My eldest is diagnosed with an ASD with Asperger's traits, like I am. They explained this as high functioning. I suspect our daughter will be similar, but I think our youngest son is different. He and my eldest at the same ages are worlds away. We didn't have any issues toilet training him, and his speech was fine except for pronouncing certain words. He wasn't behind in any of his milestones so it didn't flag up for us right away. He was fussy with foods from an early age but there wasn't anything else until he was a little older and started to become obsessive with things, then there were issues with sensory things between nursery and infants which started concerns for us.
With our youngest son he hit certain milestones fine, like sitting up, crawling, walking etc. these were all fine, but his speech was the first thing we saw. He wasn't hugely interested in toys or imaginative play and didn't bother with other children. He doesn't currently as well. But our daughter is different, she does enagage in imaginative play for example, which is good. She hit most milestones ok except for speech and was behind with sitting unaided and eating solids (she refused until she was about 8/9 months). However both of them don't communicate efficiently and this leads to other issues like toilet training and understanding danger etc.



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Old Apr 2nd, 2017, 06:12 AM   38
smurff
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A few days ago my son's nursary pulled me to one side and said they are referring him to speech therapy, I've was shocked and upset and thought I'd failed both my children in some way as they both now have probs with speech and I'm also getting a horrible niggly feeling that my son will be on the spectrum, it's strange because at home he speaks ok, i can have conversations with him i can ask questions and he answers, his speech is clear he understands instructions and can carry out tasks i ask him to do. Since starting nursary he's gone from about 50 words to about 100-150. But in nursary he doesn't speak, they have only heard say about 3 words, doesn't interact at all. I'm hoping it's just because he's shy. He is the most fussiest eater I've ever seen, i think in the last few months he's eaten a meal I've put infront of him about 5 times. He hit all his milestones on time, does imaginative play aswell. I explained to the nursary that his sister doesn't interact very much so really my son hasn't had anyone to play with which could be why he's behind.
Just can't shake this nagging worry though, don't get me wrong if he is then he is, it won't change anything and we'll deal with it just like we have with his sister but i never thought there'd be a chance I'd have to go through it again with my son.



 
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Old Apr 3rd, 2017, 04:41 AM   39
happycupcake
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Smurff, your son certainly doesn't sound behind. I think this sounds more like he's adjusting to life at nursery which is rather different from home! At home he's in his little comfort zone, as we all are, and like every single person on the planet we alter how we are when put in different situations because we have to. It's instinct. I mean, you wouldn't be the same at home at school or your job or on a night out with friends, would you? So logically, it makes perfect sense he would behave differently at nursery. This may last the whole time, or it may be until he finds his feet properly there. He's in with a bunch of people he doesn't know properly and hasn't had a chance to build trust with, he is out of his safety zone. You remember your first day at school? Most people felt a little frightened, apprehensive, until they found their place there. It isn't any different for your son.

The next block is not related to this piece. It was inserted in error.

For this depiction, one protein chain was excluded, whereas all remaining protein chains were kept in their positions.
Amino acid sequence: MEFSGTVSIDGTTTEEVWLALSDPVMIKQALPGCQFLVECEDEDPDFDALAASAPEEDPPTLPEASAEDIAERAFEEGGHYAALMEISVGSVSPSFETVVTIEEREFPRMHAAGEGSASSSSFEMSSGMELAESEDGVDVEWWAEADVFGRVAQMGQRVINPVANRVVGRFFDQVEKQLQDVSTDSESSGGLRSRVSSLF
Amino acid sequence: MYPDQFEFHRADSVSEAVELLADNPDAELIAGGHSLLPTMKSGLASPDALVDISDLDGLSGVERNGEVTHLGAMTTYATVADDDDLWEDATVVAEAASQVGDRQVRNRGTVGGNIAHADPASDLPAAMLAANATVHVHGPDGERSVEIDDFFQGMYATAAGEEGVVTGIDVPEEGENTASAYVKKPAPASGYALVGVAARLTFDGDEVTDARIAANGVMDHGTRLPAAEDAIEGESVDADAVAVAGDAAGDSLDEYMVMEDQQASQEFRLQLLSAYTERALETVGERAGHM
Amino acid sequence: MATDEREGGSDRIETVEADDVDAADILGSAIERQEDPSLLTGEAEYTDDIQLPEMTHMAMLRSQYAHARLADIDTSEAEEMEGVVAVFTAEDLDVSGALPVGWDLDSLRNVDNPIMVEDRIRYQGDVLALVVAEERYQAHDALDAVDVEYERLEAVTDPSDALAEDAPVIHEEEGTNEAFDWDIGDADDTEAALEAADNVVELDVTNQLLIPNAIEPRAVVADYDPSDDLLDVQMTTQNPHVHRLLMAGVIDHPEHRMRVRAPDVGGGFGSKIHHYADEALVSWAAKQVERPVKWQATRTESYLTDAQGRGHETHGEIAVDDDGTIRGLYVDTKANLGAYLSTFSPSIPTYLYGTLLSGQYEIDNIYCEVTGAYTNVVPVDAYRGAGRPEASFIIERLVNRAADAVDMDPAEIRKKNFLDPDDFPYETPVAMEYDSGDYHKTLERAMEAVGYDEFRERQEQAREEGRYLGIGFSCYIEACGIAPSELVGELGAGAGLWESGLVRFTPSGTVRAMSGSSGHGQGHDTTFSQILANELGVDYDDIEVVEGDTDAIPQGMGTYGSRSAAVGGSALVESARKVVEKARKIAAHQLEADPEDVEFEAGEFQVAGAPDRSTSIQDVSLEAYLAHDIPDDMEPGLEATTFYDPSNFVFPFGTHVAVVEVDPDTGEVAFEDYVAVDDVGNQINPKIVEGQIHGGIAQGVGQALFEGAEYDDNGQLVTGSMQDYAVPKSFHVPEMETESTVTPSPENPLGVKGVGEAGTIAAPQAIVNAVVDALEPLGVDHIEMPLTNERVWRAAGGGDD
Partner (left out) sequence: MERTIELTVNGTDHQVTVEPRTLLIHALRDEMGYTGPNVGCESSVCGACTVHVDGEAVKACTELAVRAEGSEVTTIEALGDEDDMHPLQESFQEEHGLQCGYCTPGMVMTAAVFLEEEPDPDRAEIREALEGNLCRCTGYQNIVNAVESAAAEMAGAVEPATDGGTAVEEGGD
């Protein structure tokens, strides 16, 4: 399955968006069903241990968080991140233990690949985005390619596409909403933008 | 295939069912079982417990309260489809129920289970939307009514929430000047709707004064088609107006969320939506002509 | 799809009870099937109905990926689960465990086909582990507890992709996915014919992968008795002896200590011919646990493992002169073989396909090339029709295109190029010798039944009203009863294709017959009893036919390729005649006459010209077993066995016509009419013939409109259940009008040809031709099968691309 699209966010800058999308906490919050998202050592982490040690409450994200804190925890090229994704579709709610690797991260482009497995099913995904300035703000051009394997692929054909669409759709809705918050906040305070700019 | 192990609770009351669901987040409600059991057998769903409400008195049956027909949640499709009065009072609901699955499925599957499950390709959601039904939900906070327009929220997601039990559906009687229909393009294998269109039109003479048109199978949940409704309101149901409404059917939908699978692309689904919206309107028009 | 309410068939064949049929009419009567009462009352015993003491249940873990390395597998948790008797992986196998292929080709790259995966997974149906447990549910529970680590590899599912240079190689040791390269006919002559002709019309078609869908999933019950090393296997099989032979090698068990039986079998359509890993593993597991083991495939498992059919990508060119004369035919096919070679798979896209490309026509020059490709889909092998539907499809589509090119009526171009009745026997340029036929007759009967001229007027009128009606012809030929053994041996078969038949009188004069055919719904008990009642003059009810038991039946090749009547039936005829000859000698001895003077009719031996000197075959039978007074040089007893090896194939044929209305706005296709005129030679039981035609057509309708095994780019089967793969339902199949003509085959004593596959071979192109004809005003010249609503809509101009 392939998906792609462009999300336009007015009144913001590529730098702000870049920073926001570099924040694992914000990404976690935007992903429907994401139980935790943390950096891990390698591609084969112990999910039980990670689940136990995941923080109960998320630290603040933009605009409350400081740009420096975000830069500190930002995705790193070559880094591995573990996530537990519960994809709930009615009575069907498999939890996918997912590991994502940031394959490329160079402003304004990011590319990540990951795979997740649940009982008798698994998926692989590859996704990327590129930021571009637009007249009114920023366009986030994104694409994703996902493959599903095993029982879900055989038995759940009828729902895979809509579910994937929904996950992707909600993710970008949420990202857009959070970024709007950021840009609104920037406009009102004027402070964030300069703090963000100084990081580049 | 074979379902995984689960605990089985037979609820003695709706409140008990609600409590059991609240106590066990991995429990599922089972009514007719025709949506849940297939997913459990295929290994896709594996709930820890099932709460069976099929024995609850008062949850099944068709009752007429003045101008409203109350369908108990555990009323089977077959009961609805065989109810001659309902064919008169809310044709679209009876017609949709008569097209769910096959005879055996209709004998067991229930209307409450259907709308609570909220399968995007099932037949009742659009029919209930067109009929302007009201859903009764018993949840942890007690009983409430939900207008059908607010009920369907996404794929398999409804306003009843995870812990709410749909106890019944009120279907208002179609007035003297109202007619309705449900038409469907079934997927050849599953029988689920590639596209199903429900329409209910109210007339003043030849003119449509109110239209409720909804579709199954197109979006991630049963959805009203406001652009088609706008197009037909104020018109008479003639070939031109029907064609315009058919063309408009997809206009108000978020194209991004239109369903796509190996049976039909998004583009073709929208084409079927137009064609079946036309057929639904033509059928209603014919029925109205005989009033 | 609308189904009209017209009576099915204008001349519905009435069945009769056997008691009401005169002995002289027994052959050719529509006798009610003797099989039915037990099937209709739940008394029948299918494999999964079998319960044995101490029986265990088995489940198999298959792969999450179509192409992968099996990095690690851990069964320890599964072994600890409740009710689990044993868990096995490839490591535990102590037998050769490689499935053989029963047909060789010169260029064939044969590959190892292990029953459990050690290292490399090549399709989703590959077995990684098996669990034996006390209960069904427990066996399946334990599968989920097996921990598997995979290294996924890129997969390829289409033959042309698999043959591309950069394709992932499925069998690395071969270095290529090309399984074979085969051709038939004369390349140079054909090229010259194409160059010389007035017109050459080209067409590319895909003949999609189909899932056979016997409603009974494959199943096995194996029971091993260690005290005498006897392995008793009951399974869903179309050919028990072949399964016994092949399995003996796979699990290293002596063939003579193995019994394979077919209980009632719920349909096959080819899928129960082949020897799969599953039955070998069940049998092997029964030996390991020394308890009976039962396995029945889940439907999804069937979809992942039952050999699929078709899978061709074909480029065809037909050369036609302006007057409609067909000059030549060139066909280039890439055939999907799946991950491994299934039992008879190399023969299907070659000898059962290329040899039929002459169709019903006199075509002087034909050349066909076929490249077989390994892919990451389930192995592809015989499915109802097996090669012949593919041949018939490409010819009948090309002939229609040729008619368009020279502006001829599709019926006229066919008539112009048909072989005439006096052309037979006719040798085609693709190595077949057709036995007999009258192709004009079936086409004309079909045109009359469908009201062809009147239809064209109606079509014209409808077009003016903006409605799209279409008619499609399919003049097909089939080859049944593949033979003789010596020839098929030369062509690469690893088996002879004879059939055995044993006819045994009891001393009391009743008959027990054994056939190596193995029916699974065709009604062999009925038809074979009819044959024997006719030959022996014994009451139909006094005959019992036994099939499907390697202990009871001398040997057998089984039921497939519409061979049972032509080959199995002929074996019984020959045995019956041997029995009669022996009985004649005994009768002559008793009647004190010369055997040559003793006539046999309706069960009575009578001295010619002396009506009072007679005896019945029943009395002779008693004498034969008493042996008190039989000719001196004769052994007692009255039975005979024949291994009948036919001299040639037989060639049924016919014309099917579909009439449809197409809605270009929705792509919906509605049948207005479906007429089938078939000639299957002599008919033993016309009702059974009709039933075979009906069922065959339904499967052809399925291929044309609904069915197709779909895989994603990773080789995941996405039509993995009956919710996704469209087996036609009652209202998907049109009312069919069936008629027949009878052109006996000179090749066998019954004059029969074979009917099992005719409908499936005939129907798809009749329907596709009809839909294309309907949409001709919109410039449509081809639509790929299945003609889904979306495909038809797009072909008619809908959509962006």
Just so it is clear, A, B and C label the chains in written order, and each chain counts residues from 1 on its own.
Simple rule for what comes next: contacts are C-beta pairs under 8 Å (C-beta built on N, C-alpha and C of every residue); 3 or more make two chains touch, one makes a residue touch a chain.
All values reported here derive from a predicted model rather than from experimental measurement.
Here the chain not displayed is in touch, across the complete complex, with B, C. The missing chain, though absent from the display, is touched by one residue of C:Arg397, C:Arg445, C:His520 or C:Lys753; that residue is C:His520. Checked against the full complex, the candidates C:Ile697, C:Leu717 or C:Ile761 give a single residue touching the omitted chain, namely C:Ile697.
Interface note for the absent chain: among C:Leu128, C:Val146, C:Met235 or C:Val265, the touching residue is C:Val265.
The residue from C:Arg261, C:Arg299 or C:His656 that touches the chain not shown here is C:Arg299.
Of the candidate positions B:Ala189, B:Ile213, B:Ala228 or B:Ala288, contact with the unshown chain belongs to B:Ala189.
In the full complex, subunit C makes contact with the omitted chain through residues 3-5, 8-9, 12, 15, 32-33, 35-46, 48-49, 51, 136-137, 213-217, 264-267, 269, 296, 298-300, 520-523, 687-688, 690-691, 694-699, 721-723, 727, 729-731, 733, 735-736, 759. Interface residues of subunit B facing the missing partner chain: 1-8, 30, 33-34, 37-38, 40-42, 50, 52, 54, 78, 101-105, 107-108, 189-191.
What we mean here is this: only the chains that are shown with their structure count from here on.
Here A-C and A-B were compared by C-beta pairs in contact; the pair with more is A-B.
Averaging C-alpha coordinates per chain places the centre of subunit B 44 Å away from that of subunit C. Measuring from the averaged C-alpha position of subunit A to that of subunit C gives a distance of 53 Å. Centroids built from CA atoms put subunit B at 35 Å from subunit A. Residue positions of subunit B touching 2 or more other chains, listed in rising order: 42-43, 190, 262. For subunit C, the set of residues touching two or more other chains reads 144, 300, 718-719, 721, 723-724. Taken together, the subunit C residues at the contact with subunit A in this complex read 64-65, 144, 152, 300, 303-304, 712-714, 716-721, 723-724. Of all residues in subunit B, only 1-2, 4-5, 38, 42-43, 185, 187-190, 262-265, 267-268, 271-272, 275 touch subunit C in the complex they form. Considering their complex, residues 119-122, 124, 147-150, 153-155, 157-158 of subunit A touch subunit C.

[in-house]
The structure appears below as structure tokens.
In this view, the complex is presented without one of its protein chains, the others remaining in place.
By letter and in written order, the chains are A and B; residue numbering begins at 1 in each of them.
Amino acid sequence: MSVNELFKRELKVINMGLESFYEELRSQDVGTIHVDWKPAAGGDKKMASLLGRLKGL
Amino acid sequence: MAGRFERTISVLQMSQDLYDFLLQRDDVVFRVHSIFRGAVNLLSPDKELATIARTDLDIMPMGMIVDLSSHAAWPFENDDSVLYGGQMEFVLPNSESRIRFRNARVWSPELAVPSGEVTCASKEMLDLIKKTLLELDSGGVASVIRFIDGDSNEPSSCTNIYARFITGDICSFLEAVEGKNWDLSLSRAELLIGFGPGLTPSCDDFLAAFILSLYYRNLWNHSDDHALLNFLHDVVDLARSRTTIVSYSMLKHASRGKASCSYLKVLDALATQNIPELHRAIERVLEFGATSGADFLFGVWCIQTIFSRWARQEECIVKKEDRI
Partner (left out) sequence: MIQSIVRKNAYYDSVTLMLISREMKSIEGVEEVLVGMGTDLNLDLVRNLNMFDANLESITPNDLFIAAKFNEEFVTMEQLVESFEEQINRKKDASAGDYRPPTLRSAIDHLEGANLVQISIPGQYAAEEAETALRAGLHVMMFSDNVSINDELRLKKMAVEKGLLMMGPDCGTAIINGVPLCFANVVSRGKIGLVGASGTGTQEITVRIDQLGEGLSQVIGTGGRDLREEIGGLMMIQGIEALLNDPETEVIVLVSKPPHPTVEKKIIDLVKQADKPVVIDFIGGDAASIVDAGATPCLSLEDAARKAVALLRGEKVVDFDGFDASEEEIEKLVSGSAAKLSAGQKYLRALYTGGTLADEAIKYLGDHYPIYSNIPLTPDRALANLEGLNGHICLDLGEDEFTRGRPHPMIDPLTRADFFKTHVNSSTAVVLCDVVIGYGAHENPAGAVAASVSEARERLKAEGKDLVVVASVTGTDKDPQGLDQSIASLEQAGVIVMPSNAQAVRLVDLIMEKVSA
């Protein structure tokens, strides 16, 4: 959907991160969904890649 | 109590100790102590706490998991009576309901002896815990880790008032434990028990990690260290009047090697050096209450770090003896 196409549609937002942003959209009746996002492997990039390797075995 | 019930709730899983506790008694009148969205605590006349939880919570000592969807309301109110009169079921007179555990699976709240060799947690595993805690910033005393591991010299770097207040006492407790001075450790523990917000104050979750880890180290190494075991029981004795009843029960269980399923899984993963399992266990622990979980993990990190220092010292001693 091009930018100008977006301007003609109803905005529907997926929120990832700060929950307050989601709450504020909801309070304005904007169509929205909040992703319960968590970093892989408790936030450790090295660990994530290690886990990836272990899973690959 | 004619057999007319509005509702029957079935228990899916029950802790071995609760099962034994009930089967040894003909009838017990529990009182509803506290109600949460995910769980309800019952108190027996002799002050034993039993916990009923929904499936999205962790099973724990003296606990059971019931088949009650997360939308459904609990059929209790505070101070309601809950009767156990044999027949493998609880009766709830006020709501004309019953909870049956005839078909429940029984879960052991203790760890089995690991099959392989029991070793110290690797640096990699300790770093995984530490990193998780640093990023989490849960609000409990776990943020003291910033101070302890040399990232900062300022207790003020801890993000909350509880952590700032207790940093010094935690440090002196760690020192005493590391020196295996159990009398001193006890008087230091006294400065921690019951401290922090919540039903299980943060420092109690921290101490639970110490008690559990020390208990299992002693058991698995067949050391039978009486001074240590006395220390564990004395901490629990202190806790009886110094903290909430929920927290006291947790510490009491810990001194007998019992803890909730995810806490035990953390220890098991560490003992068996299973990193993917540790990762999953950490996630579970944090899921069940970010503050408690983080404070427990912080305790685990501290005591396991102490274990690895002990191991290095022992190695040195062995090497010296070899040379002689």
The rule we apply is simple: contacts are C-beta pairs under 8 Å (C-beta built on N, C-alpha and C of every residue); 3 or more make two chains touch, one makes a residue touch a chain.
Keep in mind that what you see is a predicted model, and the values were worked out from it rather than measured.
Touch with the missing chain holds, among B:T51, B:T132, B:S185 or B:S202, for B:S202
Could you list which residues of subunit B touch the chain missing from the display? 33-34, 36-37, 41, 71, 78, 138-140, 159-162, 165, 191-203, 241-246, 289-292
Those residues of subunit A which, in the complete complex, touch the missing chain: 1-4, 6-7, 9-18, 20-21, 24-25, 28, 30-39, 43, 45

To me, it sounds as if he's doing fabulously! Also bear in mind that some children aren't cut out for nursery/school and generally feel out of place there. It doesn't mean eventually they won't feel more confident, but it can take longer than some. Some children are by nature more confident in these situations but I would think most children are more shy.
You haven't failed your children anyway, if you had failed then you wouldn't be posting



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Old Apr 3rd, 2017, 09:08 AM   40
jessicasmum
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Happycupcake: your younger son sounds like my daughter with the speech, doesn't play with toys or imaginary play. The only thing is she will like to sort of play rough play sometimes with our eldest daughter but that's the only time she'll play at all with anyone is like that.
I'm sorry if you have already mentioned this but how old is your youngest son? Has he not been given a diagnosis of high or low functioning yet?

Smurff: I totally agree with happycupcake, your son doesn't sound behind. My eldest was referred to speech and language and had a few sessions and they were even trying to say that she might have to go to a special school or class which I thought was a joke because she hadn't even seen a paediatrician once only a speech therapists and health visitor. There wasn't anything wrong though, all she did was talk fast and other people other than me and hubby couldn't always understand her. She's fine now, can still talk fast at times but no issues at all. I think a lot of children are get a bit of help from speech and language these days I think because when we were viewing my youngest daughters playgroup they said that a few that attend have a speech therapists coming in.
I echo that you have definitely not failed your children, you sound like you are doing a great job to me

We have finally got an appointment for my daughter's speech and language therapist, it went to our new address which we haven't properly moved into yet, so only seen it yesterday, it's for 28th April so not too far off.